AT ITS summit over the weekend, the European Union tried to learn the lessons of the Kosovo conflict. It approved a Franco-British plan to develop a rapid-deployment capability, so that Europe will rely less on America in future Kosovo-type conflicts. And it invited seven countries--the largest among them being Turkey--to begin the process of admission to the EU. This second move is intended to extend prosperity and hence stability eastward, and so make more Kosovos less likely.

For a variety of reasons, the EU has been slow to respond to this decade's challenges in the eastern half of the continent. When communism collapsed, Germany's energy was consumed by the absorption of former East Germany; Britain descended into a period of drift following the departure of Margaret Thatcher; and France was more interested in political and monetary union within the existing EU than in reaching out to easterners. As a result, the European Union still has not admitted any ex-communist country, whereas Poland, Hungary and the Czech Republic have been welcomed into NATO.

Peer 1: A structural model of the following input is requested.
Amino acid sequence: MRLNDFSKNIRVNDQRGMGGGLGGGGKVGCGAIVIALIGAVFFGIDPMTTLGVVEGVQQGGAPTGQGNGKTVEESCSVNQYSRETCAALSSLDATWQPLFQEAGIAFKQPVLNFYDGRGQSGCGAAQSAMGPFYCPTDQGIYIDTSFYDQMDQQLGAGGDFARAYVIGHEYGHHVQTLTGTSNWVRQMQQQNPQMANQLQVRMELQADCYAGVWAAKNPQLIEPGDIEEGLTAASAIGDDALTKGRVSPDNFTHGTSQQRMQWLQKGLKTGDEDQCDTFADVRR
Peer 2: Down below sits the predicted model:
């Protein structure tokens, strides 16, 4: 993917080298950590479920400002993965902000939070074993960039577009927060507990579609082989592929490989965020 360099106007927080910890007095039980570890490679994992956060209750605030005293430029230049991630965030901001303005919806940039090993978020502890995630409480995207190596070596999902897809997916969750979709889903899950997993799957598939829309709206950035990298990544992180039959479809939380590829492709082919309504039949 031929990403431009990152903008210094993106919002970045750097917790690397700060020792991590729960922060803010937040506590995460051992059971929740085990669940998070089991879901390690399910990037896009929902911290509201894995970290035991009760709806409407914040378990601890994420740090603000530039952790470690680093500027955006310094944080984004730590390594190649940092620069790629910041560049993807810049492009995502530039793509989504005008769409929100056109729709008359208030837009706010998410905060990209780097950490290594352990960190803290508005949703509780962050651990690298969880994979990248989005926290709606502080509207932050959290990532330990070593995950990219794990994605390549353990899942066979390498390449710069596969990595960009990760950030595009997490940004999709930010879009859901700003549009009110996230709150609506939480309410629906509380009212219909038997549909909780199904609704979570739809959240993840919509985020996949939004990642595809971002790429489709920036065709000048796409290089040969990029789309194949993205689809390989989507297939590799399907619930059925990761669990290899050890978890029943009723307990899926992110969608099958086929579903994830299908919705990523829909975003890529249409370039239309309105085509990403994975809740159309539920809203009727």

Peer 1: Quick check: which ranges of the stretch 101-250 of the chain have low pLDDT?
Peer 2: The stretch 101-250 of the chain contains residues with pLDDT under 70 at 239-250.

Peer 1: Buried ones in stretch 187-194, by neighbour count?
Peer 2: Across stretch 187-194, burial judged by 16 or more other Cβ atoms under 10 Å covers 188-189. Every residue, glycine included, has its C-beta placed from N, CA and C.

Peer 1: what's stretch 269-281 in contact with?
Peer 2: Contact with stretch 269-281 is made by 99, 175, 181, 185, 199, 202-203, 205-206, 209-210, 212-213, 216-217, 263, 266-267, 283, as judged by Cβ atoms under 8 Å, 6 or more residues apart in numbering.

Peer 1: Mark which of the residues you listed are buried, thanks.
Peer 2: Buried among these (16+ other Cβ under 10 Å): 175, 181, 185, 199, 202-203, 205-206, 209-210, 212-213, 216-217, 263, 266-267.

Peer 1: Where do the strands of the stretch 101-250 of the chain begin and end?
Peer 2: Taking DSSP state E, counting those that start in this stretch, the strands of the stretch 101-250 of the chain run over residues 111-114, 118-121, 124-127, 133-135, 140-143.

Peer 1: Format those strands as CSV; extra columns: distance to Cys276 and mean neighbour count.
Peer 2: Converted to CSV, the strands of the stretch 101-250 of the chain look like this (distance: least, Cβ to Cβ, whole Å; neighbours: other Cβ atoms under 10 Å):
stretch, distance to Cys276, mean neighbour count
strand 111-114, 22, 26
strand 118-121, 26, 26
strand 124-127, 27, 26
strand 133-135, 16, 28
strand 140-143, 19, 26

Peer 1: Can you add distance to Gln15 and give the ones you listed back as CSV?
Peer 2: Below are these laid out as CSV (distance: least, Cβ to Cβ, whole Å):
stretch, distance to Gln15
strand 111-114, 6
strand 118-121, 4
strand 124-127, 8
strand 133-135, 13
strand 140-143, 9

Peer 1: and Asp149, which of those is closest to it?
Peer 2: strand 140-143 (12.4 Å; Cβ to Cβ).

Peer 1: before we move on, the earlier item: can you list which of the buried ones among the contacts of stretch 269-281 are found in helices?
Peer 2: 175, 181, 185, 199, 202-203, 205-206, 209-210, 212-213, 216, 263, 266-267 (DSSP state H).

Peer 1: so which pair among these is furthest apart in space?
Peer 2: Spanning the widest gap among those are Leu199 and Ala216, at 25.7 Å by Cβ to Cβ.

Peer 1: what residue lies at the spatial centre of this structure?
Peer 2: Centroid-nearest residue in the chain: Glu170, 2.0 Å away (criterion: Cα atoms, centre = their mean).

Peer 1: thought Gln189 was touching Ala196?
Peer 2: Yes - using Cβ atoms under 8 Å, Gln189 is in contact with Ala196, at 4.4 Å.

Fortunately, the EU now seems less introspective. The project of monetary union, which consumed EU energies for much of this decade, is now largely done: A European Central Bank sets interest rates for the 11 nations that have given up their currencies in favor of the euro. Equally, Germany is recovering from the effort of reunification, and Britain has exchanged post-Thatcher drift for the vigorous leadership of Tony Blair. Moreover, the war in Kosovo has taught the leaders of the EU that their prestige depends on their ability to respond to instability in their neighborhood.

The challenge now is to sustain the momentum of the summit. The rapid-deployment capability is supposed to be ready by 2003; getting there will take a commitment to modernize force structure and reverse cuts in defense spending. Equally, Turkey's accession to the EU may still be years or even decades away; and even countries such as Poland and Hungary, which started the accession process two years ago, are being made to wait until 2004 or so. In all, a dozen suitors are on hold, from the Baltics to the Balkans.

The EU needs to reform its bureaucratic machinery in order to cope with expanded membership. Despite that legitimate reason for delay, it is dangerous to keep suitors waiting. If the momentum of democratic and economic reform in Eastern Europe is not sustained, old authoritarian habits may reassert themselves: Look at the reversal of reform in Russia. Now that the EU's leaders are headed down the right path, they need to exude more urgency.